A Ribbon Guide to Nashville

Apr 13, 2021 / by Elizabeth Mixon

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When you think about Nashville, you probably think about country music. However, that’s not the only thing Nashville has to offer—a strong economy, affordable housing, great food, and both indoor and outdoor entertainment options make Nashville a go-to destination.

 

In fact, Nashville is now the 4th hottest real estate market in the country. A great choice for young professionals, it has no income tax, like all of Tennessee, and is full of great businesses that make it an easy choice for those looking to settle down. Here’s what you need to know about the Music City.

 

Employment 

 

The Nashville metro area is home to more than 1.9 million people. Nashville is ranked 7th for gaining young professionals and due to this booming population growth it’s now the 2nd fastest growing economy in the county. A great economy to be a part of. Plus, Nashville is consistently ranked one of the hottest job markets – ranking 2nd in 2020.

 

Sectors like healthcare, transportation, finance, and professional and business services, are seeing tremendous growth bringing top employers like Amazon, HCA Health, and Vanderbilt University Medical Center to the Music City. With a low unemployment rate of 4.4% (below the national average of 6.2%), prospects looking for a great job can look to Nashville with confidence.

 

Amenities

 

There’s plenty to do when not working in Nashville. Known as the country music capital of the world, it boasts many must-see sites—including the Grand Ole Opry, Ryman Auditorium, and the Country Music Hall of Fame and Museum. Country music not your thing? Outdoor attractions like the Parthenon and historical sites like Andrew Jackson’s Hermitage are great for exploring. Plus, downtown, has all the shopping and entertainment you need. With so much to do and a high quality of life, it is no surprise that Nashville is consistently ranked as one of the best cities to live for young professionals/millennials by sites like U.S. News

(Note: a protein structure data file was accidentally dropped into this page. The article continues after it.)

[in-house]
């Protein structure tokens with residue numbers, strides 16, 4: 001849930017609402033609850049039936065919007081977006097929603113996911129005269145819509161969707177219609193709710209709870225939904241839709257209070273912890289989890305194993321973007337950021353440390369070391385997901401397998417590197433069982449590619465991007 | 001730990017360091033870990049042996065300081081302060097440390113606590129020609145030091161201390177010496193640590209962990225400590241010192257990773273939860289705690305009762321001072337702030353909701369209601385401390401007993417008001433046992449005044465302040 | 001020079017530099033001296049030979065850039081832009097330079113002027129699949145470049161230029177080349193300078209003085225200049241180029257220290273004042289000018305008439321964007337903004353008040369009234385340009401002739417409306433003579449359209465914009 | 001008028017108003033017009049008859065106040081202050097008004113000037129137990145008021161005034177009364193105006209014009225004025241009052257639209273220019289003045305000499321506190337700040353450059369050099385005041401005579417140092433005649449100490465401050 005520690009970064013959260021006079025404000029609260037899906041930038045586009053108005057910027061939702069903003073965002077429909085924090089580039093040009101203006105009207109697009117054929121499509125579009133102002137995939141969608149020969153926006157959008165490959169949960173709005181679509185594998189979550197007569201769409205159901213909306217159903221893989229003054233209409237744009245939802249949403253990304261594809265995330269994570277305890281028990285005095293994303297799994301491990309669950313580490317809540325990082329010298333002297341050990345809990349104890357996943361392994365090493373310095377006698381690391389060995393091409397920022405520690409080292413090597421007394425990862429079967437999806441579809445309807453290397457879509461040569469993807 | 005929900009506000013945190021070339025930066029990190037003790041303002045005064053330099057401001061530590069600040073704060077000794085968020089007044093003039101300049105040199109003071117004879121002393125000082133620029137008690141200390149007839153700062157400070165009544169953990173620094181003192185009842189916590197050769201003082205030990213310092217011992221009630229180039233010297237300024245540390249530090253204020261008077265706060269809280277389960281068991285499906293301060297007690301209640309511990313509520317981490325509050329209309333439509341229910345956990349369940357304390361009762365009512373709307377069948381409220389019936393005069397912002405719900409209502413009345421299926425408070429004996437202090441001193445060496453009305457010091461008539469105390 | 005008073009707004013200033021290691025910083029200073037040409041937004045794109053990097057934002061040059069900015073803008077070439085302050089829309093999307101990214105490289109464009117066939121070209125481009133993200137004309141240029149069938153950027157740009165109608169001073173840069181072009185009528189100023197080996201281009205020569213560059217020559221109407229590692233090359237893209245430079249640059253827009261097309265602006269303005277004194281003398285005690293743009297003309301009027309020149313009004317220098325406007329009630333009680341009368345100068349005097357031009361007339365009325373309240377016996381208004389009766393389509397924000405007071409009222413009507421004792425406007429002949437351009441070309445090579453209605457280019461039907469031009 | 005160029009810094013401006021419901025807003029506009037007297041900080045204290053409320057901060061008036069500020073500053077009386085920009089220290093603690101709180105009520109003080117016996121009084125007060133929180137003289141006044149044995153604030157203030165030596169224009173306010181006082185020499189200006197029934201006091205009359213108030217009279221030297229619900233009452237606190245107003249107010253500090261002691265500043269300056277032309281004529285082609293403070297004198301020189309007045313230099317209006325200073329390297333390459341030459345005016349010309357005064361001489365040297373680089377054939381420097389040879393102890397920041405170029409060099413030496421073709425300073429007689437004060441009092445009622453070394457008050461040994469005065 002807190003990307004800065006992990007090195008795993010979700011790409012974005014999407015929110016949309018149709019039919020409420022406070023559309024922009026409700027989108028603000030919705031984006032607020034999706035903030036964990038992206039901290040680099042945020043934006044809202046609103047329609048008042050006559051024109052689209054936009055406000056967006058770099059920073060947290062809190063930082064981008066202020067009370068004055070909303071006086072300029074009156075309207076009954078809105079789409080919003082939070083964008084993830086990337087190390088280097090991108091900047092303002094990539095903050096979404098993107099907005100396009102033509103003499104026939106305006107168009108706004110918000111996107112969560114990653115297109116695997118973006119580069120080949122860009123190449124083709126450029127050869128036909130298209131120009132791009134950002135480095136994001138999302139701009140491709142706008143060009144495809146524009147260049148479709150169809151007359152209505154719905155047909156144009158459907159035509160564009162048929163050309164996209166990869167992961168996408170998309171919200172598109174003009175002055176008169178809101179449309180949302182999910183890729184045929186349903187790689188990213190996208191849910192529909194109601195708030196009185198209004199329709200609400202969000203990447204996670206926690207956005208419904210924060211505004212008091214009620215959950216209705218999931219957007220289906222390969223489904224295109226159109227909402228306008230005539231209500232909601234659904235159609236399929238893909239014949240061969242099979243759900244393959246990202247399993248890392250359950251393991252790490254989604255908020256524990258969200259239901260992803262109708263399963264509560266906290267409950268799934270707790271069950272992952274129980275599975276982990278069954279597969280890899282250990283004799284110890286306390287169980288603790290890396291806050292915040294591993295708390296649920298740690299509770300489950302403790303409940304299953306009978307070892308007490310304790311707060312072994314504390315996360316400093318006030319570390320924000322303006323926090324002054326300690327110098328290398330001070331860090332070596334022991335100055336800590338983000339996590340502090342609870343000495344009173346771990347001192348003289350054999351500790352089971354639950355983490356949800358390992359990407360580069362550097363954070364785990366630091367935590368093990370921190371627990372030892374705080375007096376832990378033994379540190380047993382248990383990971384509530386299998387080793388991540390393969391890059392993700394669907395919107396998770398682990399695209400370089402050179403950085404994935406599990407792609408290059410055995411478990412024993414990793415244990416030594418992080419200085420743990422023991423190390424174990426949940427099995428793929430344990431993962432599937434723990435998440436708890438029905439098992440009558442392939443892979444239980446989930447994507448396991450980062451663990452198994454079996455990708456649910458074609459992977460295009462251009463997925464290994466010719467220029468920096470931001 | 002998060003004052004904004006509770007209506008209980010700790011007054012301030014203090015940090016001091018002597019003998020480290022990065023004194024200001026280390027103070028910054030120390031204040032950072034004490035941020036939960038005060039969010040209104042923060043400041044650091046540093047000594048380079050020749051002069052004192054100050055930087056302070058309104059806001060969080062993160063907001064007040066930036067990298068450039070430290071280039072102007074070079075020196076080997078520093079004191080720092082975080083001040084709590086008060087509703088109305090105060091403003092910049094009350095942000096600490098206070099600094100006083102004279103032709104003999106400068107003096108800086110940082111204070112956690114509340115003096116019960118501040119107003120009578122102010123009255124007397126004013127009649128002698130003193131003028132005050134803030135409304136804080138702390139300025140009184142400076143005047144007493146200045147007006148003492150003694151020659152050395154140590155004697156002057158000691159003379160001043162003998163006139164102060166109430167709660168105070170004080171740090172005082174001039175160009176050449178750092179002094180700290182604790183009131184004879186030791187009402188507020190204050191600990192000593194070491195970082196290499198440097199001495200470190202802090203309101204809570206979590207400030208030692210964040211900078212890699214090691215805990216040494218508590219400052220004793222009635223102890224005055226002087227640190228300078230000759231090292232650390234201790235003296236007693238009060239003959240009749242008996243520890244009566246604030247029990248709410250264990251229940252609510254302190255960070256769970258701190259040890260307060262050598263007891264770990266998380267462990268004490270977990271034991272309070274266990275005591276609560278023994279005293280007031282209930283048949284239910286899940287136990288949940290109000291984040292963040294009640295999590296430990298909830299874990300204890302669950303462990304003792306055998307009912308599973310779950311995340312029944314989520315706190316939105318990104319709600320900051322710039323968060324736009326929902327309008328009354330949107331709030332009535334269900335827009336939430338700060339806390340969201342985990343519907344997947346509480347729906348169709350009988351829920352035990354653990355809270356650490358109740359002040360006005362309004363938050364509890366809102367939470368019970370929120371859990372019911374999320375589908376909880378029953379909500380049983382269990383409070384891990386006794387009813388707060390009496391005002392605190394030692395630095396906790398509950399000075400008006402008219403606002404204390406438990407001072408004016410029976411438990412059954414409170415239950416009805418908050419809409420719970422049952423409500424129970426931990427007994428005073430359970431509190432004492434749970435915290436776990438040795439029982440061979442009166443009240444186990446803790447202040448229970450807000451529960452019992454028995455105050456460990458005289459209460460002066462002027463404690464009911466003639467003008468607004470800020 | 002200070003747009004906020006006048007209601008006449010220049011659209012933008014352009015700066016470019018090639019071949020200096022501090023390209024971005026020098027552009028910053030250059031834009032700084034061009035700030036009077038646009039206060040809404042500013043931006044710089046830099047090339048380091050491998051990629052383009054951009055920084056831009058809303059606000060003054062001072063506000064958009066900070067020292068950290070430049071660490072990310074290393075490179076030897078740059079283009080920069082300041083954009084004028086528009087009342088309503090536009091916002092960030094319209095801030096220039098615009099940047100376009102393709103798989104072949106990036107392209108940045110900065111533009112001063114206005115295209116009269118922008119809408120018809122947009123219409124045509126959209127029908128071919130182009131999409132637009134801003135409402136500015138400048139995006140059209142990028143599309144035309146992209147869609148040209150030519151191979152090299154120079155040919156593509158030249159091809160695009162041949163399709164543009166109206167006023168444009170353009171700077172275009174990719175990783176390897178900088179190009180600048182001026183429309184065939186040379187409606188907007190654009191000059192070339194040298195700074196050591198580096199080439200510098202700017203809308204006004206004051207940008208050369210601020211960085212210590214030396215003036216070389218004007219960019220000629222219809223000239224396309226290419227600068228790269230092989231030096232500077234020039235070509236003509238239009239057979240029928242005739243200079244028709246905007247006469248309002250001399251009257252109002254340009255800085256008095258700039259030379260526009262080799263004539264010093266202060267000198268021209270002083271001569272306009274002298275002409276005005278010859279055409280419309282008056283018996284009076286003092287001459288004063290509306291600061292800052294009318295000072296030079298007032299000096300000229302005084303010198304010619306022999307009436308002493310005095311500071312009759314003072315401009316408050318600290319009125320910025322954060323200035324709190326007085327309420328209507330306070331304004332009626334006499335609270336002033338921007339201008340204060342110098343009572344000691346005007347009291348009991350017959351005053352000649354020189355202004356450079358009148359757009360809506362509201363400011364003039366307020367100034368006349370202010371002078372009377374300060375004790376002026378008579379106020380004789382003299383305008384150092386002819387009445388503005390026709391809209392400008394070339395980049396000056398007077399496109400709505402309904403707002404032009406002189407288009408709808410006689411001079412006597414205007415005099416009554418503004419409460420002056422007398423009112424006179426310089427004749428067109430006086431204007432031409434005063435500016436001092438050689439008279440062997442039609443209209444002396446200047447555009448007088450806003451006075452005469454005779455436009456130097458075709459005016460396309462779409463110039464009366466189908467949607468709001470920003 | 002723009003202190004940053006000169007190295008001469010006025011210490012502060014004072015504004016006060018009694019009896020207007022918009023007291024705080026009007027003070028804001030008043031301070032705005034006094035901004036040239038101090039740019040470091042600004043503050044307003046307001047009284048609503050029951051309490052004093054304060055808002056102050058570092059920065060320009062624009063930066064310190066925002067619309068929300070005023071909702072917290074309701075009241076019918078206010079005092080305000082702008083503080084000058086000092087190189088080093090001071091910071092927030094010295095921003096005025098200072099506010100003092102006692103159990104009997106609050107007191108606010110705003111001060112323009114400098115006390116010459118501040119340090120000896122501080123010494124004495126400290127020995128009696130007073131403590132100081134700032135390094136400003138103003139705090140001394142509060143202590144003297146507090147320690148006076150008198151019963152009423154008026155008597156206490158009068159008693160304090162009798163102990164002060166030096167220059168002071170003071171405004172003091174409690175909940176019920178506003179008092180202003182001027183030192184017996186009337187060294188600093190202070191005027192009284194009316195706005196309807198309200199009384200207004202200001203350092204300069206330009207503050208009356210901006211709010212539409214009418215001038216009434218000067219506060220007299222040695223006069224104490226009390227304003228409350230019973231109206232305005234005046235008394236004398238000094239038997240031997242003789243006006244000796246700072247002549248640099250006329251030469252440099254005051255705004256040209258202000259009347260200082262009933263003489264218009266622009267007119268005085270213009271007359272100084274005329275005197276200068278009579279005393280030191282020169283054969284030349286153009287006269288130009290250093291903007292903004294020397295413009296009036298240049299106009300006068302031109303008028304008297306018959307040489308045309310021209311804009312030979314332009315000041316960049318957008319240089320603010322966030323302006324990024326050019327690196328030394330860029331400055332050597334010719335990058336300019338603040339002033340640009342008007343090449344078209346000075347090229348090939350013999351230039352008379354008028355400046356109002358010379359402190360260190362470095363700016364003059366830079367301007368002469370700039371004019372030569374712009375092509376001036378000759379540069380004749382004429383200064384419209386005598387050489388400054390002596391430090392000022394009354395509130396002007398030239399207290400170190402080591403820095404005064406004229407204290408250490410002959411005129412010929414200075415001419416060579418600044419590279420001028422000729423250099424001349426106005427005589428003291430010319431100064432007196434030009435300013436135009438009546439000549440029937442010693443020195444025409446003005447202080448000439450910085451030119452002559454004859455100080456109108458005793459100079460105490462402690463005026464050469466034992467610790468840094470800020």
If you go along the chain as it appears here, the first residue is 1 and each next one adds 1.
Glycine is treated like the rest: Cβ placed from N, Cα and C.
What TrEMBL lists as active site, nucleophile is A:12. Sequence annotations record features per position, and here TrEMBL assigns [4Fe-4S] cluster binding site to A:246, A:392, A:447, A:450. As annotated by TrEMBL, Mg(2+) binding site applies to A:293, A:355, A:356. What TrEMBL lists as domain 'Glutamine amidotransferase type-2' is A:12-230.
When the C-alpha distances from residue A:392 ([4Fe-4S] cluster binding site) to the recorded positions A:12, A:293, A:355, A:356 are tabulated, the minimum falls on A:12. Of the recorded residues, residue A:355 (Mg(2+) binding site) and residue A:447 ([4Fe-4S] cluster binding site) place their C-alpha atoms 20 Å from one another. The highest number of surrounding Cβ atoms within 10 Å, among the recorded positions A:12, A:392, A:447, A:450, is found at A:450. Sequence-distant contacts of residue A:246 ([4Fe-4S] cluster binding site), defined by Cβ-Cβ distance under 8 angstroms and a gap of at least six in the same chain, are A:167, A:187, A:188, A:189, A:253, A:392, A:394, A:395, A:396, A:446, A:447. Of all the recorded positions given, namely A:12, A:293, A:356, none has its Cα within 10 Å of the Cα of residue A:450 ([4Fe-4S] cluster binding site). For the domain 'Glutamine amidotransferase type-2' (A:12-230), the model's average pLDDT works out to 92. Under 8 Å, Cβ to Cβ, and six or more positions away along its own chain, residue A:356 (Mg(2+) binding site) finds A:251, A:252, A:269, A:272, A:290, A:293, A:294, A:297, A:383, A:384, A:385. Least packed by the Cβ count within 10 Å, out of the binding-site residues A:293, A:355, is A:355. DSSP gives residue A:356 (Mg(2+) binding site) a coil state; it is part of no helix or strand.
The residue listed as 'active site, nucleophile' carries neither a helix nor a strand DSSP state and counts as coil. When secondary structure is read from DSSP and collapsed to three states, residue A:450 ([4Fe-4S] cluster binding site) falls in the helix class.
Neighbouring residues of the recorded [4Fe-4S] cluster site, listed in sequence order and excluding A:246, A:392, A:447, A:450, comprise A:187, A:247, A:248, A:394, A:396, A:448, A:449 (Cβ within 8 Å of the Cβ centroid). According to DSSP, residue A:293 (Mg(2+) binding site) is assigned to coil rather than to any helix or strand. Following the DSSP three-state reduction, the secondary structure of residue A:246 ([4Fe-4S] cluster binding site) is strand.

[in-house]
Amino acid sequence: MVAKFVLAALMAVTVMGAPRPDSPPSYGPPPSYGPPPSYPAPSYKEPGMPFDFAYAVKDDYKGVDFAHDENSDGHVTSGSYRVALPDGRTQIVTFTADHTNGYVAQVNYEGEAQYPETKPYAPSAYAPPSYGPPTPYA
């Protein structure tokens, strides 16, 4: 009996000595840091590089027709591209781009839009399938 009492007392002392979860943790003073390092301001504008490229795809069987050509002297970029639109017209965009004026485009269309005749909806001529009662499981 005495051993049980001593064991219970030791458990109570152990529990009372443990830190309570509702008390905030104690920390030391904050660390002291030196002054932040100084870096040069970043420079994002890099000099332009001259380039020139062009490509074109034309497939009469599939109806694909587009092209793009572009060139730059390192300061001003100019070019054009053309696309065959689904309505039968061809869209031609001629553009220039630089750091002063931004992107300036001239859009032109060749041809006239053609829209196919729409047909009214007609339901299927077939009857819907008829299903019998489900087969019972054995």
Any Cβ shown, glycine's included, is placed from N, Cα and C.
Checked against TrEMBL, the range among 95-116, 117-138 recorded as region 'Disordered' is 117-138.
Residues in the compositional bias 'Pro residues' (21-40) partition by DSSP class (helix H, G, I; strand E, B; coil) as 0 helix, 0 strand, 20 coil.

Real Estate Trends

 

Now that you’re sold on the city, let’s talk about the housing market.

 

In the past 10 years, Nashville has experienced a real estate boom. However, prices have stayed affordable compared to other major cities. The pandemic accelerated this boom and led to a 7.8% appreciation in home prices over the past year. Now, the median home price is $357,150 – up from $320,000 a year before.

 

Contributing to this price increase is a severe shortage of homes. In February of 2021, there were only 4,477 homes on the market – down from 9,093 in 2020. Interest rates are likely to remain low, so there will continue to be more buyers than homes in 2021. This means that home prices will likely continue to rise in 2021. So what now? We promise it’s not impossible!

 

How to Buy and Sell in Nashville

 

While Nashville has been an affordable market, shrinking inventory and low interest rates are driving prices up. If you want to buy a home in Nashville, you’re going to have to have everything set and ready for competition. Not to worry – we’re here to help. With Ribbon’s cash offers, it’s easy to stand out and win the home of your dreams. For qualified buyers, we’ll turn offers into all cash and abolish the contingencies that make it so difficult for deals to close. Plus, we now have an appraisal protection, so you’re a more sure bet than ever before.

 

Looking to sell? Now is a great time to do so, as your home will likely sell fast and above market rate. But buying a home while selling can be tricky in a market as hot as Nashville. Ribbon can help with that, too. With our buy before you sell program, you can secure your next home before even listing your current one. That way, selling is a stress-free process.

 

Ribbon can help agents on both sides of the deal stand out with a modern buying and selling experience. So, you can create a great client experience and get more referrals. Learn more about how Ribbon can help you or your clients buy or sell better today. 

Tags: Neighborhood Guide

Elizabeth Mixon

Written by Elizabeth Mixon